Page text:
In the adjacent hyperspectral image of Black Beauty, features become clear. The mineral feldspar shows up as green, and the mineral pyroxene comes out as yellow/red. "These two minerals make up most of the Martian crust, so it's exciting that we can see them and map them out spatially in the data," said Cannon.

There are a few characteristics of hyperspectral imaging that make it perfect for this sort of work. First, it is a non-invasive technology. That is, no samples are harmed or even touched. This is crucial, and the non-invasive nature of hyperspectral imaging lends itself not only to the study of Martian rocks like Black Beauty, but also the field of fine arts, artifacts and antiquities. Museums and collection-care experts are themselves seeing the value of hyperspectral imaging because of the amount of new information that can be collected non-invasively.

As a scanning technology, hyperspectral imaging is designed to ‘see the unseen’ and unlock the answers to challenging questions. There are numerous ‘imaging’ and ‘scanning’ techniques available to the scientific research community, but none possess the vast spatial and spectral information collected by Headwall’s instruments. "What we have been able to do is successfully introduce a brand-new tool into our toolbox and prove its value," said Dr. Mustard. "We saw things in the VNIR and SWIR spectral ranges that no one has seen before, and our overall body of knowledge is more expansive because of it." Hyperspectral imaging collects ALL the spatial and spectral data within the field of view, not just some of it (as is the case with multi-spectral).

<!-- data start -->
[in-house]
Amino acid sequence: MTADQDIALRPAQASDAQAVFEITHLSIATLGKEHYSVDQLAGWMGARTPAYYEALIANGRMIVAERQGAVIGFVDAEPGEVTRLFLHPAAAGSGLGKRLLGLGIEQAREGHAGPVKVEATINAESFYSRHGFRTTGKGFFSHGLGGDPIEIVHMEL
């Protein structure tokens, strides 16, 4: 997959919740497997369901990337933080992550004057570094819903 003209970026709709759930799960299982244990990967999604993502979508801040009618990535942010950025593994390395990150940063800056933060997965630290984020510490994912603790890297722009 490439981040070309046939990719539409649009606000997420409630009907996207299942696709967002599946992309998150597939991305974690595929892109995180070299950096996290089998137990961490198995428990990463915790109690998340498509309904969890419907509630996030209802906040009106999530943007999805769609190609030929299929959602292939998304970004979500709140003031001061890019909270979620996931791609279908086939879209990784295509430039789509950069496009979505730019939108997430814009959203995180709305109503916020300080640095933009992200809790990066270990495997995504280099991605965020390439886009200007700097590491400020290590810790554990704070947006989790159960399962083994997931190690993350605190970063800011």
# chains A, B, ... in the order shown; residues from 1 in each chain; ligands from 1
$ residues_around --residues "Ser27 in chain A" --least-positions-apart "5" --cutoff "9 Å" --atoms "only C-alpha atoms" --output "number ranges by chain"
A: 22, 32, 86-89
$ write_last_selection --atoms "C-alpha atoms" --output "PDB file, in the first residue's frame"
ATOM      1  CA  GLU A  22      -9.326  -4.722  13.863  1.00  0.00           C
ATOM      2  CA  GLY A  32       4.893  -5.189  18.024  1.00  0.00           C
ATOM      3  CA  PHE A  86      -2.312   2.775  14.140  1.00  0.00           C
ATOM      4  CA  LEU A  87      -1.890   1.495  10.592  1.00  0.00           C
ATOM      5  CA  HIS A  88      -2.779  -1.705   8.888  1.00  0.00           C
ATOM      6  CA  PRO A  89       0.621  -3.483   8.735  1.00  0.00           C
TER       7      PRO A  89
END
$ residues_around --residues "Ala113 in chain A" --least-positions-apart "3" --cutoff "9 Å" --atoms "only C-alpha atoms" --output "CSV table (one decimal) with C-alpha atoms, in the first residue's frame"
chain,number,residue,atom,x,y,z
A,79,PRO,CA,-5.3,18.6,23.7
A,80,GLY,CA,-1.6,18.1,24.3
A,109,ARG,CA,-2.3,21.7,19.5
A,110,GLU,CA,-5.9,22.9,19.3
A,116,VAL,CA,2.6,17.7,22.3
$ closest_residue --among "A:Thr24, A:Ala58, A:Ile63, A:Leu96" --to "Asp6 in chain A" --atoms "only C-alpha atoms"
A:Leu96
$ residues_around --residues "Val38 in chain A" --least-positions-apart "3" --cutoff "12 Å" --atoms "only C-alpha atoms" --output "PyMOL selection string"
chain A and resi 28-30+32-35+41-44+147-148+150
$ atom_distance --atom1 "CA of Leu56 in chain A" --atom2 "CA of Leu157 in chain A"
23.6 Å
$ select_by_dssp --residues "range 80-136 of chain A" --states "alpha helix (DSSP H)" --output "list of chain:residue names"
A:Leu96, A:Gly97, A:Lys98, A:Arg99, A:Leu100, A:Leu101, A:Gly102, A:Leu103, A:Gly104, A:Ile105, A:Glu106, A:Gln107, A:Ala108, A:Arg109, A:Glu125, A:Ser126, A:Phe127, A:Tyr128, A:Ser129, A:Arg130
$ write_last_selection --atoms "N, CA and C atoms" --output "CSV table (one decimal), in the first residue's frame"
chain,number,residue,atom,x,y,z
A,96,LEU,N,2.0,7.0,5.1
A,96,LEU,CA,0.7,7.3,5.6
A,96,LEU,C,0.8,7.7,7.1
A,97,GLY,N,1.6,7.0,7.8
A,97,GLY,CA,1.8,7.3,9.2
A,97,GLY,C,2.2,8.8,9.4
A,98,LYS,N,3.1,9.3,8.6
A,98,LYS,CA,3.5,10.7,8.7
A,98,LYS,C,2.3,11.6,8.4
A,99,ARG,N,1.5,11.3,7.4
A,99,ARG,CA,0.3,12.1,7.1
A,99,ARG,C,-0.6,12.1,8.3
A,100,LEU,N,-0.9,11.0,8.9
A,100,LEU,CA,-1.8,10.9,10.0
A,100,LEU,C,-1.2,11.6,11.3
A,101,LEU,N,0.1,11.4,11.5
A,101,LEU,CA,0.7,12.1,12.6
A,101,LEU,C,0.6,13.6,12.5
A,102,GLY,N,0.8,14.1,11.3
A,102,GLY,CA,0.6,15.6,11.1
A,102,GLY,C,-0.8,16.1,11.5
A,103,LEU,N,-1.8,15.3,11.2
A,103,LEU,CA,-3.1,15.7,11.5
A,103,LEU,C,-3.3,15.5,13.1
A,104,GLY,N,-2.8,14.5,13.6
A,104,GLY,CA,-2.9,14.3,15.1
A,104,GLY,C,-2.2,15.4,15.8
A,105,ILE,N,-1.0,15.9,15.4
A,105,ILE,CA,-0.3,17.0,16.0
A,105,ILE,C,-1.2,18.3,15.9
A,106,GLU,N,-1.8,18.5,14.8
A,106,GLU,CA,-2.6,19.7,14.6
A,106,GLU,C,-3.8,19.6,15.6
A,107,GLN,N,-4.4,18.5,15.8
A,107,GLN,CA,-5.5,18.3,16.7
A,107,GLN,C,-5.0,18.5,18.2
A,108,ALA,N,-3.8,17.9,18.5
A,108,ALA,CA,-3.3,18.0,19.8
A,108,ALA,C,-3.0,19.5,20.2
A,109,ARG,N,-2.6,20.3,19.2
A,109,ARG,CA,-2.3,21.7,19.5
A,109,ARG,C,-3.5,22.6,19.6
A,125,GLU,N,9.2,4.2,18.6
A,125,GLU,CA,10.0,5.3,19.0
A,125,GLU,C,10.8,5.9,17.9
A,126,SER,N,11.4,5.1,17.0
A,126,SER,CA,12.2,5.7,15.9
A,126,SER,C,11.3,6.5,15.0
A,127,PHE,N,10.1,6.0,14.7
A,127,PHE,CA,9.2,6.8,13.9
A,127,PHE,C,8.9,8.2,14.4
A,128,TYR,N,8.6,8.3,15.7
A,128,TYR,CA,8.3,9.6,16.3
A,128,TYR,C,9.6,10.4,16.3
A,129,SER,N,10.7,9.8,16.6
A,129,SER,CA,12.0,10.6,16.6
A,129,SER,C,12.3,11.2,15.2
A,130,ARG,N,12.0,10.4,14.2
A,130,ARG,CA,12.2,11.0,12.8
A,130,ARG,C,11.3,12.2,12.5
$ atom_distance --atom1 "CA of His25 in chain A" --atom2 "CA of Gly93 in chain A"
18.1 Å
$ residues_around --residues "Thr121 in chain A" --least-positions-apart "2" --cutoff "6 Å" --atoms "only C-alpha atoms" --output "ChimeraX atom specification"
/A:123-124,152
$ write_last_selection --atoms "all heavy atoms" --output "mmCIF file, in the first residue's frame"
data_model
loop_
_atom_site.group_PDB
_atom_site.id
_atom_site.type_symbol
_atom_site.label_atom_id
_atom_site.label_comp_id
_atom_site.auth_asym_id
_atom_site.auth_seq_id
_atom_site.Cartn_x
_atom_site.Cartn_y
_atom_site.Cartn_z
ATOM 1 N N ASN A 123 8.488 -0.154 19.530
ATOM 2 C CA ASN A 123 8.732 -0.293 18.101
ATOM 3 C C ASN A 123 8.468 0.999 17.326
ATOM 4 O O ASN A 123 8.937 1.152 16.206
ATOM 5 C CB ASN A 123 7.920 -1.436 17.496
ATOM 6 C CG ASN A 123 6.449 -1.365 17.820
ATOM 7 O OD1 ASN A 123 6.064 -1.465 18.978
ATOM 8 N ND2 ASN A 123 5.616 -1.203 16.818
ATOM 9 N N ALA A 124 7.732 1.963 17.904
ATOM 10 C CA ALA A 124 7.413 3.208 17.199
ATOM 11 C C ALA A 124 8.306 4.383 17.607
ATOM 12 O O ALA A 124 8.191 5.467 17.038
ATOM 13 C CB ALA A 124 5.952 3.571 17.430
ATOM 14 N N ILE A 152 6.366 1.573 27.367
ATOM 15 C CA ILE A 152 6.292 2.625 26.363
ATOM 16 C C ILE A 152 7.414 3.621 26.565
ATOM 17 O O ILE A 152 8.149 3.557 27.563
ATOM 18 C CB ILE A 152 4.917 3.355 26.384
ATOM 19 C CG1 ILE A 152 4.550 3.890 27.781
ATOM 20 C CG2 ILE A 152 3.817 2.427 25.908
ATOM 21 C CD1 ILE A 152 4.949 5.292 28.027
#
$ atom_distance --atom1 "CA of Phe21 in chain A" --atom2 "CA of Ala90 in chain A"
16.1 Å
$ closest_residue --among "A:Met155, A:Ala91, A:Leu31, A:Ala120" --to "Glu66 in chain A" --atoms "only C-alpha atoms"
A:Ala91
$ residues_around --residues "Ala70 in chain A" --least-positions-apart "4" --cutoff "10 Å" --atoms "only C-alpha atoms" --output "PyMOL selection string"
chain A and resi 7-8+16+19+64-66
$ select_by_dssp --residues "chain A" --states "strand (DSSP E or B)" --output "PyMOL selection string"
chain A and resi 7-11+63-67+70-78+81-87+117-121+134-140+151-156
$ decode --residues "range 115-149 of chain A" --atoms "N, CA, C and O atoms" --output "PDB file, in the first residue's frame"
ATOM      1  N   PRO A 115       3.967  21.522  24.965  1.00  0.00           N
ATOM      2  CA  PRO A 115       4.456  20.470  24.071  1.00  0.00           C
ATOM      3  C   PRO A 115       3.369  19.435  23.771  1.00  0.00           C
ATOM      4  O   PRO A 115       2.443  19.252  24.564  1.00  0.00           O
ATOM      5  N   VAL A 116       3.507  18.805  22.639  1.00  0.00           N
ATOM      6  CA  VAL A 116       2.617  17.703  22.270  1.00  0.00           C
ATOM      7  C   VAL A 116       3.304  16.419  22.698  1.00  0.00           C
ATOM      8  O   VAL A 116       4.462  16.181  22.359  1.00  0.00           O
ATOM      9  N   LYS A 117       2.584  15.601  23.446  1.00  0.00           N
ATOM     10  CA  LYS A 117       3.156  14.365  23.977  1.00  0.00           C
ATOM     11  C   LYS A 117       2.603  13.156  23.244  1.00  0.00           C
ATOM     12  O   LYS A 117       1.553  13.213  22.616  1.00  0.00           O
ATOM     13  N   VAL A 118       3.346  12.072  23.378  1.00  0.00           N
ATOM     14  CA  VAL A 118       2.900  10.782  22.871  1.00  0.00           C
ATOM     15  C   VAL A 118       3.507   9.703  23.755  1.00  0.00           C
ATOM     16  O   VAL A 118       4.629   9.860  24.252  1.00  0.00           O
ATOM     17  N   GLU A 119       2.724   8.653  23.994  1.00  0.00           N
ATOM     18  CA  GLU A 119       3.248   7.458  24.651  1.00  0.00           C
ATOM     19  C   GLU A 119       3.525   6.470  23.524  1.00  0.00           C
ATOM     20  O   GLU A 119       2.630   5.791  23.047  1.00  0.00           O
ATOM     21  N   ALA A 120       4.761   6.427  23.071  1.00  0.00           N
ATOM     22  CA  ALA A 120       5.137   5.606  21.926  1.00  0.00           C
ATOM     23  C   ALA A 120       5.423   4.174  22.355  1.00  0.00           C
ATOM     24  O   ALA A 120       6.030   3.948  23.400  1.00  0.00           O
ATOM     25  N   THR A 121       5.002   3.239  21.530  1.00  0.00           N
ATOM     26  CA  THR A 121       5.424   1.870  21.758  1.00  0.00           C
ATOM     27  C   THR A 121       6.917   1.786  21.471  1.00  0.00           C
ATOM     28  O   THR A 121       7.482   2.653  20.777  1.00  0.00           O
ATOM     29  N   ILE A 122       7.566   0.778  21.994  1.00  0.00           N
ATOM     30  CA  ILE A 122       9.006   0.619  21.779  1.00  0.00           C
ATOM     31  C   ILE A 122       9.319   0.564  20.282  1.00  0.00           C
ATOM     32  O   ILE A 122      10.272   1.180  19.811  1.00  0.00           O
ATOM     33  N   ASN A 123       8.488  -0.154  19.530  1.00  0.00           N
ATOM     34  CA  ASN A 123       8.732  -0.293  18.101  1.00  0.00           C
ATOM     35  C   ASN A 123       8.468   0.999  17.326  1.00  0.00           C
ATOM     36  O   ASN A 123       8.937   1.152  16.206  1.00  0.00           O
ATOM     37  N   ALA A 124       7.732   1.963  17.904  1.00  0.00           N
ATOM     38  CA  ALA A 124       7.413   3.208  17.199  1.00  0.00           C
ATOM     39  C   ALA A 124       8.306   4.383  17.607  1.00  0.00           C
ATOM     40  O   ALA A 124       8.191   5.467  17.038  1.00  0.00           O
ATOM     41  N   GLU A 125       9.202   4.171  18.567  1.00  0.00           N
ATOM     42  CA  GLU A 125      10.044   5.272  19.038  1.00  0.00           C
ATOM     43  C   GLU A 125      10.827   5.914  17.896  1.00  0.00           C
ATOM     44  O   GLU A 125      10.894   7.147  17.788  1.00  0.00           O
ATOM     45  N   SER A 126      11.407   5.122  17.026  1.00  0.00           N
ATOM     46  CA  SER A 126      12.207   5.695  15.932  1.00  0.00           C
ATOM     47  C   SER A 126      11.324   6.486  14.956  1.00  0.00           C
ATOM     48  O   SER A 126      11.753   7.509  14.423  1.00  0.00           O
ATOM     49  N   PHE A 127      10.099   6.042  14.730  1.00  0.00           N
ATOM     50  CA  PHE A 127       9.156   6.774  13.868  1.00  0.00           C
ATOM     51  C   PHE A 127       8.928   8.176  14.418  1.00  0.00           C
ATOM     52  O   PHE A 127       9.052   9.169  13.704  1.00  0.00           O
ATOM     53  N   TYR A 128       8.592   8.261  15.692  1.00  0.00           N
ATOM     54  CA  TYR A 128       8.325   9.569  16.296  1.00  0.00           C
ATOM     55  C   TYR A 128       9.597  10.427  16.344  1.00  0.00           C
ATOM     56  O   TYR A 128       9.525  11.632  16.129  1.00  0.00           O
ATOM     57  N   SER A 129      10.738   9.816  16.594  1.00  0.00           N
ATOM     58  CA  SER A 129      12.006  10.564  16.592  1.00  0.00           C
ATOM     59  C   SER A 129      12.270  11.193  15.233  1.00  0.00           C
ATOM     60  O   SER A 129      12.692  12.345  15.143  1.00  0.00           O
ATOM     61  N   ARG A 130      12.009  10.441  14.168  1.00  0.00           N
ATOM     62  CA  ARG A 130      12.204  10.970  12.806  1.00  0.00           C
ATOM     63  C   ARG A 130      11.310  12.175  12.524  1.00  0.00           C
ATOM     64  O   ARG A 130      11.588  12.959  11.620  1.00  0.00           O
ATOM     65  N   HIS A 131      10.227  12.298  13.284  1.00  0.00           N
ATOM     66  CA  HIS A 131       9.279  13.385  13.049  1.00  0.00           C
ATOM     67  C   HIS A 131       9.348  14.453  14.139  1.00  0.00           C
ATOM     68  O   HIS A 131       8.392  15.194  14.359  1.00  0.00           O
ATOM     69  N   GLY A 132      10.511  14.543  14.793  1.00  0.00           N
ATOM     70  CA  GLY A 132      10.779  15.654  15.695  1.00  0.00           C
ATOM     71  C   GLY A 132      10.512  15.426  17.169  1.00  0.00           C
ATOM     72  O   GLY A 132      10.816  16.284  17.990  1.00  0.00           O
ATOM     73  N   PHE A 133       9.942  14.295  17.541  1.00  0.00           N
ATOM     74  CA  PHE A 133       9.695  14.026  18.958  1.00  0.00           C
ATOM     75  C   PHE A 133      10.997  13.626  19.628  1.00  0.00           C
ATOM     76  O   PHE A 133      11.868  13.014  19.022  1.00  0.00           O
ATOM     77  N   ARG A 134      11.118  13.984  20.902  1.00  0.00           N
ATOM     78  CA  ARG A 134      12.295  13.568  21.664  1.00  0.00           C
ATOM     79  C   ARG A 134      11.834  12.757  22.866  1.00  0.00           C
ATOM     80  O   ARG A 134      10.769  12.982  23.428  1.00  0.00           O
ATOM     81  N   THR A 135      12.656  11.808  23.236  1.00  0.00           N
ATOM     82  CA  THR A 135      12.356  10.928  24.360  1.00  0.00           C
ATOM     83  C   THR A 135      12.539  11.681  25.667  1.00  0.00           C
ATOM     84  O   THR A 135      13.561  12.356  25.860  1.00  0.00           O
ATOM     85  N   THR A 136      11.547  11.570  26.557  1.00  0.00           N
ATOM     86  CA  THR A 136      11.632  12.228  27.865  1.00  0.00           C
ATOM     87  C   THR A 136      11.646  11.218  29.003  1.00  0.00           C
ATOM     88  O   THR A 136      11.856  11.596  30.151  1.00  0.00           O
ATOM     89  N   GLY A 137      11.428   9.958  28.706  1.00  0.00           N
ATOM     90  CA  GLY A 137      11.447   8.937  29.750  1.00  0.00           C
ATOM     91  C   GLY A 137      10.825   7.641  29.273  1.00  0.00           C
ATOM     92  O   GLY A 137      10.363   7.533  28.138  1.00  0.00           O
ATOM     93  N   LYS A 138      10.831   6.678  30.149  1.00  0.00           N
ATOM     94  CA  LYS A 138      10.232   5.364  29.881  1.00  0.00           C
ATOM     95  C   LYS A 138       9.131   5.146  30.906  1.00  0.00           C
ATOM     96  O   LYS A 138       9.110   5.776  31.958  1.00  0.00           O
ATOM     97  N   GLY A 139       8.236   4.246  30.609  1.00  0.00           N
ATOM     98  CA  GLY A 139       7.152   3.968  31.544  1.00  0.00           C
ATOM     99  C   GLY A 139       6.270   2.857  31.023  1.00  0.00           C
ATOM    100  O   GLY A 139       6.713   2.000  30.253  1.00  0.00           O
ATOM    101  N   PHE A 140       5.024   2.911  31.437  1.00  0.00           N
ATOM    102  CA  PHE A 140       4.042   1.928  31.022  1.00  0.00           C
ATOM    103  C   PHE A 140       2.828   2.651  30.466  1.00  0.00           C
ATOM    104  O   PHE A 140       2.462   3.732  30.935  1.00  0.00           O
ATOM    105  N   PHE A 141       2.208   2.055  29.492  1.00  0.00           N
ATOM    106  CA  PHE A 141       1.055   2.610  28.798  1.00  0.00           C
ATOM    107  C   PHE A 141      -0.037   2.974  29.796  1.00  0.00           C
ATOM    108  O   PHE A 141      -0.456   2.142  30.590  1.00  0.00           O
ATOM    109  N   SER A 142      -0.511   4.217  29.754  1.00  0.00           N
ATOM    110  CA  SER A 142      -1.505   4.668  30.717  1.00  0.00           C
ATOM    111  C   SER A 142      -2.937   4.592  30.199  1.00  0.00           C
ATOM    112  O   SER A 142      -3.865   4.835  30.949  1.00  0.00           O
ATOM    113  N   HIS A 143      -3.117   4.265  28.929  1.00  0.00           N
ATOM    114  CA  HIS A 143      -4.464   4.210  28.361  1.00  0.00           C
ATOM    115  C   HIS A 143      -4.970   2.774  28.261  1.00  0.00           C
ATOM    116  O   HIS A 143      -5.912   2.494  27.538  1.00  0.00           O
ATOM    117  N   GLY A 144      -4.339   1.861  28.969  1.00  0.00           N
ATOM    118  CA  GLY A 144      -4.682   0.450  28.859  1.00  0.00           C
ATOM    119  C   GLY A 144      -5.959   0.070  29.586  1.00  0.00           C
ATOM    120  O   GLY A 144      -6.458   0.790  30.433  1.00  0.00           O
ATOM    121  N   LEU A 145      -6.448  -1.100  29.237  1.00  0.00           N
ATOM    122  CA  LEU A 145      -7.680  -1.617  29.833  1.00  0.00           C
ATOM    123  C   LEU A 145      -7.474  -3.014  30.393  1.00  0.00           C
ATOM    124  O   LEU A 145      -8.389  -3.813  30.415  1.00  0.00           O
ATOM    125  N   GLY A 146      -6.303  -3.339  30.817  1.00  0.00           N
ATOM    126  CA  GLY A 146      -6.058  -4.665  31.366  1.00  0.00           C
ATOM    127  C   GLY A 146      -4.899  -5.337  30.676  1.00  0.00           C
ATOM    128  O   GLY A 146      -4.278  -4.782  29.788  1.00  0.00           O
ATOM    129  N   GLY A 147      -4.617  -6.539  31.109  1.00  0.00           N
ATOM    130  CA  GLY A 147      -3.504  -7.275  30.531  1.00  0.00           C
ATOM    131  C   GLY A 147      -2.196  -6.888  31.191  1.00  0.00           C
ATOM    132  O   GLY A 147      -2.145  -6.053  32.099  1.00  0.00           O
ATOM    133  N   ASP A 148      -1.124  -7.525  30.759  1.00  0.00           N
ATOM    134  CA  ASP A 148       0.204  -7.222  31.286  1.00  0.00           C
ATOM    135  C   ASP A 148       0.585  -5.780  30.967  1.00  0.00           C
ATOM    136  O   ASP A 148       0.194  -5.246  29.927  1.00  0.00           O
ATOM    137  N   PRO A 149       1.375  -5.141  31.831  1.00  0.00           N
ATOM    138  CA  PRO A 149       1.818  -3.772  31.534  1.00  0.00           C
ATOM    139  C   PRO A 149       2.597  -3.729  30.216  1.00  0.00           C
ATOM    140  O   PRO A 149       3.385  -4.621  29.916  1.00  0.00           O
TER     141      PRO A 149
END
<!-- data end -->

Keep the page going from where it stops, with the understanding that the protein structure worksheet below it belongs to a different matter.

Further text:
And what about closer to home, here on earth? Hyperspectral imaging is becoming more mainstream and affordable so that research entities like Dr. Mustard’s group at Brown can tackle projects like these more readily than ever. Graduate student Rebecca Greenberger has done similar hyperspectral analysis on rock and geological formations that many of us drive by without glancing twice. "There’s a rock formation behind a Target store in Connecticut that is just loaded with incredible geological samples," said Greenberger. Many of those collected rock specimens have themselves been scanned with Headwall’s hyperspectral instruments, yielding spectacular results and new information about the geological history of our planet.

Tags: hyperspectral, Brown University, Martian meteorite, geology